Hypotonia usually goes hand-in-hand with hypermobile joints--loose or lax joints. When someone has hypermobile joints, they have joints in which the connective tissue structures that hold the body together have more give (are more easily stretched) than usual. (Does that make sense? I'll put it in more simple terms. My kids have the ability to move their limbs into awkward positions. For example, Derek sits on the ground with his legs in a W-shape. He does this with ease, without thinking about it. We had to teach him how to sit cross-legged.) Their muscles have to work harder than usual to do things such as keep a good posture and/or move.
People with hypermobile joints can:
* Bend their fingers back to 90 degrees
|I had trouble getting a picture of it. His fingers actually bend more than this. But you get the drift. Creepy.|
* Bend their wrist so that the thumb touches the forearm
* When standing straight, knees and elbows appear to bend backwards
|Ignore my messy house.|
Hypotonia and hypermobile joints can make children seem uncoordinated and clumsy. They may have an "unusual gait." It may affect their speech, pencil grip, and hand writing (the handwriting thing is actually what clued me in that something was "wrong" with Tyler--his handwriting is atrocious! And even with OT and practice, it remains terrible.) They may have trouble sitting upright and working at a table--they may tend to sit with their back rounded, they may put an elbow on the table and rest their head on their hand, and they may tend to fidget in their seats. They may also tire very quickly (Tyler gets tired walking around Walmart with me. He complains that his legs hurt. I remember specifically about it a few years ago.) They may be good at things that involve short bursts of energy, but have difficulty with things that require endurance. They cannot hang on monkey bars and do not like climbing on jungle gyms because their arm strength is poor. They often sit in a W-position rather than a cross-legged position.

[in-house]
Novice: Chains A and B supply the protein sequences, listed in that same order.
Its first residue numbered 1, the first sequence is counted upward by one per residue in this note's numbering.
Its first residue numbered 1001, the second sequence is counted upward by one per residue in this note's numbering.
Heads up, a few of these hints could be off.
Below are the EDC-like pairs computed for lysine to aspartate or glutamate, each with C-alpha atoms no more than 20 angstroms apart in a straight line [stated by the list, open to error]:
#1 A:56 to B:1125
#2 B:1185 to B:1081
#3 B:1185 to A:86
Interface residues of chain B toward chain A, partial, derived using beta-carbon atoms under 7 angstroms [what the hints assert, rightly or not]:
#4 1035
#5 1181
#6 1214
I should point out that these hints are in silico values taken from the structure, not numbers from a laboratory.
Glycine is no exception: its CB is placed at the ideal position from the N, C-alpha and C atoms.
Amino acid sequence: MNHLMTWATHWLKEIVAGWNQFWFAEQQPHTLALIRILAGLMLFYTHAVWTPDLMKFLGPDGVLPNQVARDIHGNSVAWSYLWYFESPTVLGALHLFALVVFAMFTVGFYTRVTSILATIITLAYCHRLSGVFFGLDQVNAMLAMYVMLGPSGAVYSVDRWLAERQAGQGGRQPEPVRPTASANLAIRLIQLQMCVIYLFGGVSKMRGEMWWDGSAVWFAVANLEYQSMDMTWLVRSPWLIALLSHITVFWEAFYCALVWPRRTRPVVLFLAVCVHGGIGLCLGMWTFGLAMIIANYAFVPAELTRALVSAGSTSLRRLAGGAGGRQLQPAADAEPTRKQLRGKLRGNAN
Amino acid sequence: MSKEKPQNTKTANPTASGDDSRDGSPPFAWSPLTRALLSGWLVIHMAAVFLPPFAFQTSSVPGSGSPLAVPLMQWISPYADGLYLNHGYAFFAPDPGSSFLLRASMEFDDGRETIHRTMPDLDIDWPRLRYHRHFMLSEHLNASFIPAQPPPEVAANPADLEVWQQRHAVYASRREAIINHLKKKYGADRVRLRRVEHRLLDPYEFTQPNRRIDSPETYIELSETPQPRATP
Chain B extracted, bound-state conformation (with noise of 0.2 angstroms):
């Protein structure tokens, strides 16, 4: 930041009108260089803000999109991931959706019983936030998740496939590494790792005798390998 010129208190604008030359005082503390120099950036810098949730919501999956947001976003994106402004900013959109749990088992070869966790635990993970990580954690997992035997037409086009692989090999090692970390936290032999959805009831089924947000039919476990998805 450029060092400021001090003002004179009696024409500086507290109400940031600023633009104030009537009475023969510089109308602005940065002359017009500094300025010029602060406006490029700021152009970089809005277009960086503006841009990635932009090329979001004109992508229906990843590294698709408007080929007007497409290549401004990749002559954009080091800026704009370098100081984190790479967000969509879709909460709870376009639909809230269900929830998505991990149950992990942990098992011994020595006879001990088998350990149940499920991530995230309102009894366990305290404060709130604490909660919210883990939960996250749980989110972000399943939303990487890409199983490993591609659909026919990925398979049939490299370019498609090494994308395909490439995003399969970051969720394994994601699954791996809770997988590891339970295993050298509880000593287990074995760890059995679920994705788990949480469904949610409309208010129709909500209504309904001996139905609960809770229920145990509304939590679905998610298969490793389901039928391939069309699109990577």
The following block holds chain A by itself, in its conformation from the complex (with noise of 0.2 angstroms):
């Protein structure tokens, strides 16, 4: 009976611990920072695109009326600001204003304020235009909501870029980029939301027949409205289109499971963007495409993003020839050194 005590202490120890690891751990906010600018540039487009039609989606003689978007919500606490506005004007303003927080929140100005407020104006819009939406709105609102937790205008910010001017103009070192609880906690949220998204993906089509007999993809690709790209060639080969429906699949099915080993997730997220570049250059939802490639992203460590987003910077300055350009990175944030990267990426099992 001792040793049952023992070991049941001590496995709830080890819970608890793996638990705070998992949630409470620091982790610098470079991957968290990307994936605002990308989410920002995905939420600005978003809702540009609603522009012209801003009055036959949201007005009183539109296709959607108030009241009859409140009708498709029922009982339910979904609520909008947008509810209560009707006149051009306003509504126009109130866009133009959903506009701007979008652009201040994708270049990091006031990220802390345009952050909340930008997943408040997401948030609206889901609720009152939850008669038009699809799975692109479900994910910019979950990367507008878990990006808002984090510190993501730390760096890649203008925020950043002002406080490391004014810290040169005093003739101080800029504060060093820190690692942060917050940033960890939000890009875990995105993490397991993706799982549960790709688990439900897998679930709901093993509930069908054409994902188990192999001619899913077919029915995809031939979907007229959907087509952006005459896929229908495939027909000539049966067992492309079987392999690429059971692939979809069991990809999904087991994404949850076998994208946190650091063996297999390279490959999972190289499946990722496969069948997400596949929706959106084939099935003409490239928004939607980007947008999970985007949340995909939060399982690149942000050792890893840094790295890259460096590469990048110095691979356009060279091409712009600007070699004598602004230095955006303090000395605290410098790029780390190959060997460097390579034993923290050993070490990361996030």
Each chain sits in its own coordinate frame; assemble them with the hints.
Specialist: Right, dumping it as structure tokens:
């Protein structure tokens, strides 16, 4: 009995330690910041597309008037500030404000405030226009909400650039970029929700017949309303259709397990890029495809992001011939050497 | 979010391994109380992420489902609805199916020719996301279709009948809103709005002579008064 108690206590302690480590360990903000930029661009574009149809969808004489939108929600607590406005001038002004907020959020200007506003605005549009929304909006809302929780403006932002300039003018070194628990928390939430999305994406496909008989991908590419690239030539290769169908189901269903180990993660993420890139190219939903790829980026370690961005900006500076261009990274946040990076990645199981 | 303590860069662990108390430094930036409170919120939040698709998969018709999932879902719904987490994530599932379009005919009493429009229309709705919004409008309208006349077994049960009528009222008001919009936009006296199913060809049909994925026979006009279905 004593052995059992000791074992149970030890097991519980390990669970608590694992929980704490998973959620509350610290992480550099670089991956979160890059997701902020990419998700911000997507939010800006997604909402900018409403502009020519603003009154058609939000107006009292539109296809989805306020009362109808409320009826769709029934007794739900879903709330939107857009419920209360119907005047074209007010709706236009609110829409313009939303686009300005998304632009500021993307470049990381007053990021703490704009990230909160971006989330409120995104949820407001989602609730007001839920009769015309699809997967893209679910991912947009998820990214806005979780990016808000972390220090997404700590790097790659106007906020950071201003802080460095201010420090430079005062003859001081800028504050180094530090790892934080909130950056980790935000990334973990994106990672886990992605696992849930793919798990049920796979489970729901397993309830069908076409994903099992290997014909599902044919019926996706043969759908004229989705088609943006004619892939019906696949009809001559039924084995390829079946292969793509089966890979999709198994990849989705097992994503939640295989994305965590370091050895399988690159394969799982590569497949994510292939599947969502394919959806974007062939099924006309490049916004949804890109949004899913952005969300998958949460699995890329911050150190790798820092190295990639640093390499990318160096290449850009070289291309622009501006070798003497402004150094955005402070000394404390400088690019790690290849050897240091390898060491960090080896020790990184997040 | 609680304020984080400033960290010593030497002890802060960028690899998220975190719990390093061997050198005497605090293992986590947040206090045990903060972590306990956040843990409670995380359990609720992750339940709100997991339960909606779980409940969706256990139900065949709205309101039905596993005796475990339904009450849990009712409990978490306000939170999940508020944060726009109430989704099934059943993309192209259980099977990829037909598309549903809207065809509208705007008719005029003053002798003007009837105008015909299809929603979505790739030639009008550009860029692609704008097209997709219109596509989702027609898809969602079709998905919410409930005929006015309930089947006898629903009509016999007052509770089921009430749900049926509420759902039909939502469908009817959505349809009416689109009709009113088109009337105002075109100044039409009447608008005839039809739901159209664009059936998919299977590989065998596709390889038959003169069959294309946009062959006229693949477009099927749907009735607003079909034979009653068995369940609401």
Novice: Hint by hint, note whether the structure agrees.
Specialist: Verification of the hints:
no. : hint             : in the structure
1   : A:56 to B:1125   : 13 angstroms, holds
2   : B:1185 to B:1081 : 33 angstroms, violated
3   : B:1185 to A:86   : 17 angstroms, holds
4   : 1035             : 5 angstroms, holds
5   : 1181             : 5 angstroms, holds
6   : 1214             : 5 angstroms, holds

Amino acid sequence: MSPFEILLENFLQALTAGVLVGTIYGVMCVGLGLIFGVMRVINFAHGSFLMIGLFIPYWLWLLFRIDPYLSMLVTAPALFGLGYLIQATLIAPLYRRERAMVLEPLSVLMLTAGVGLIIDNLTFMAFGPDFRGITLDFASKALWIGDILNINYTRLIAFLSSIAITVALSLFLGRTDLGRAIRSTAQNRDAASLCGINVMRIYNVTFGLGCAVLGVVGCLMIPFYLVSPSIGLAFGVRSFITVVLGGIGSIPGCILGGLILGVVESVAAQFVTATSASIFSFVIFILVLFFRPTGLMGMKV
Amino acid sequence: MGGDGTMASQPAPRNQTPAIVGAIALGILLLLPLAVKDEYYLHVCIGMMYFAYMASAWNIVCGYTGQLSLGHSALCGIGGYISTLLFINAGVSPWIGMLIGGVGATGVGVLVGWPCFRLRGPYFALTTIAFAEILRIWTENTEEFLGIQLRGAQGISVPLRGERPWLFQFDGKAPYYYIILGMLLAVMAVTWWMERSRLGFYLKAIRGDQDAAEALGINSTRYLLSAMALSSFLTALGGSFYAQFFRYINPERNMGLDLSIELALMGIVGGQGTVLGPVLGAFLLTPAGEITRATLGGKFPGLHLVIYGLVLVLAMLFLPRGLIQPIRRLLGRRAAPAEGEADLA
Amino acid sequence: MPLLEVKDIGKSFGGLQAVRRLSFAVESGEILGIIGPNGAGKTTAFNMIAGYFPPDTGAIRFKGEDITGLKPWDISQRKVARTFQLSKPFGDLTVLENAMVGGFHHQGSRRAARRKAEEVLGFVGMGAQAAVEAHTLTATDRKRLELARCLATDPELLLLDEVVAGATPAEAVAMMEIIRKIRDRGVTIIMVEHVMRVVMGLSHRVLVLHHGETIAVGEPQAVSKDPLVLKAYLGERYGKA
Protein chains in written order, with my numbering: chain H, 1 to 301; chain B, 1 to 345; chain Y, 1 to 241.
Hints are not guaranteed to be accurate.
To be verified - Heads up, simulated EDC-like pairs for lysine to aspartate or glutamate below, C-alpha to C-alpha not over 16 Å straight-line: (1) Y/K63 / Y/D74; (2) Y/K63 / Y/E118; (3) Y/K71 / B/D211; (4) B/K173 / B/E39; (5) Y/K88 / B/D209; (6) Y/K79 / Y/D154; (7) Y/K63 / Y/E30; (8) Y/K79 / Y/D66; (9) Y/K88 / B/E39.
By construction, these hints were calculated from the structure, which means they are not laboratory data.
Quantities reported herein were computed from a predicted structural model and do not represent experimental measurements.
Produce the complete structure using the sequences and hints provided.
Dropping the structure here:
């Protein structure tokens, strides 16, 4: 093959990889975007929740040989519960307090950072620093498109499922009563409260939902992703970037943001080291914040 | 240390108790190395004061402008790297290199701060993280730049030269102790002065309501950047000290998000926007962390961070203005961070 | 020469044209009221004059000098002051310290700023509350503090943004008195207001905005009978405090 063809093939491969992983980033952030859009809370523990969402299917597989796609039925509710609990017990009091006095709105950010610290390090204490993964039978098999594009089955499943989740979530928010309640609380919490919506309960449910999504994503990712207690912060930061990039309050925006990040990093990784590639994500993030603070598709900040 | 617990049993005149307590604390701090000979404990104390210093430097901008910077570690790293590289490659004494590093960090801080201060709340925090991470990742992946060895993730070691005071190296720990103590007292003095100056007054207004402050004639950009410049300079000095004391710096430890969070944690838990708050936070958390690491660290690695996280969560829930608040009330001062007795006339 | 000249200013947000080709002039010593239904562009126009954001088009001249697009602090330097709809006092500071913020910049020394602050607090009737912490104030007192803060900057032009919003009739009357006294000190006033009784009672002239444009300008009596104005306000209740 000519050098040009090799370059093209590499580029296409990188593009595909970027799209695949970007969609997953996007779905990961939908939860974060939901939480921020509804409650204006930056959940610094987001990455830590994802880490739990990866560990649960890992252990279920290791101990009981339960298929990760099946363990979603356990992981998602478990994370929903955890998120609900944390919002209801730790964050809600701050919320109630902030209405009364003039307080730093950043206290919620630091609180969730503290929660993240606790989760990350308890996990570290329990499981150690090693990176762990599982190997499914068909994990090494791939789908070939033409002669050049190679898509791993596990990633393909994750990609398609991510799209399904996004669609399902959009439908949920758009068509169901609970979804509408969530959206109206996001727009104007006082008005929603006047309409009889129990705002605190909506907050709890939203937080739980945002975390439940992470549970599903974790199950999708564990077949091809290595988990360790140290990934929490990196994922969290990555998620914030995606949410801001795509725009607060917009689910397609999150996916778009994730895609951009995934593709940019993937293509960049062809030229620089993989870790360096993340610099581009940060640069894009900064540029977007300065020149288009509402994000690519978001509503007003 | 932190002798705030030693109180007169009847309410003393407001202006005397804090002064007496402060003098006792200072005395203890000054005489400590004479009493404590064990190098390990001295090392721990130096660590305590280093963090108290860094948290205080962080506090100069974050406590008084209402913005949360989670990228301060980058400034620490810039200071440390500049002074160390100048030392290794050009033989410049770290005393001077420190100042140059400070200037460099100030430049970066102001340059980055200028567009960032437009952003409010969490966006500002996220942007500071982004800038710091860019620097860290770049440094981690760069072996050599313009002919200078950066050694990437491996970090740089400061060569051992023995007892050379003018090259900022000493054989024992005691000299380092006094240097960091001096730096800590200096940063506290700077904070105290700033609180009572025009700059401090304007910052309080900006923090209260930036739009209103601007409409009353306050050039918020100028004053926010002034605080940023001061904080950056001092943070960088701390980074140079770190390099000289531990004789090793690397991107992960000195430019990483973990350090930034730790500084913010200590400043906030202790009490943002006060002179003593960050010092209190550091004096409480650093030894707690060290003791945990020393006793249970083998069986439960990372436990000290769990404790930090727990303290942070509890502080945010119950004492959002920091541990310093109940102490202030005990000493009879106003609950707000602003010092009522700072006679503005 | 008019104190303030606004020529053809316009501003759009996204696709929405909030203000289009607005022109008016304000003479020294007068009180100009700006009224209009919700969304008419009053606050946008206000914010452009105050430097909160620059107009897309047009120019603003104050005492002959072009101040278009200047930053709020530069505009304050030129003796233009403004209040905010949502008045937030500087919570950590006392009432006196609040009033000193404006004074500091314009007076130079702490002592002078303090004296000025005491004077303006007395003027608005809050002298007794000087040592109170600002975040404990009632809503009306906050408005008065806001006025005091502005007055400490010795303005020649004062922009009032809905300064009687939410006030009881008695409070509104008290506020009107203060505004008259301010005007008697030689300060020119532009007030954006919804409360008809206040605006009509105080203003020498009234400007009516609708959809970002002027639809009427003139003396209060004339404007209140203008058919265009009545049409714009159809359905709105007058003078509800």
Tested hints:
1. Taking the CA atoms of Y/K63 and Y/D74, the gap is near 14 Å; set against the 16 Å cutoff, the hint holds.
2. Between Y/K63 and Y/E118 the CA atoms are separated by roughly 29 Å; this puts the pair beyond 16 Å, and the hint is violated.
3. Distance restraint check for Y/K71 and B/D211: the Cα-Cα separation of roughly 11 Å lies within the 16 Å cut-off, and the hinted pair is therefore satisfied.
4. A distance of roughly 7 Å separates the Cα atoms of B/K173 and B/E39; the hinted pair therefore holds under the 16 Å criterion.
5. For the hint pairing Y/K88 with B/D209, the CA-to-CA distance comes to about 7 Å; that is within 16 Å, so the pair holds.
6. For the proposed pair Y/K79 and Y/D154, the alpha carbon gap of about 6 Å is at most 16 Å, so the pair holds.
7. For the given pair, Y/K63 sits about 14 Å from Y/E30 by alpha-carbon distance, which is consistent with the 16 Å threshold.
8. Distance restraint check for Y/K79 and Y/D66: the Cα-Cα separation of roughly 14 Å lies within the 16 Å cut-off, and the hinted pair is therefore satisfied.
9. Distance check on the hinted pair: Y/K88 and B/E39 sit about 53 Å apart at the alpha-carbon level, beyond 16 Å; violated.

Back to Tyler.
This summer, I put him in a pretty intense wrestling program in a town 30 minutes away. He was mad as a hornet the first week. He didn't want to do it at all. It was 3 days a week, and averaged an hour and a half each practice. (FYI, I told him he had to go the first week, just to try it, and if he didn't like it, we'd talk. I wanted him to at least give it a shot. This kid hates change with a fire of a thousand suns. He ended up liking it. Hah!) They did more than just wrestle, though. The kids jumped rope, ran through tires, pushed heavy tires through sand, ran sprints, stretched, and did push-ups and such. They also learned wrestling moves and practiced with their teammates. He made a few friends. He learned a lot about teamwork. His coach was amazing and helped him build some self-confidence. I figured it was like OT--only more fun.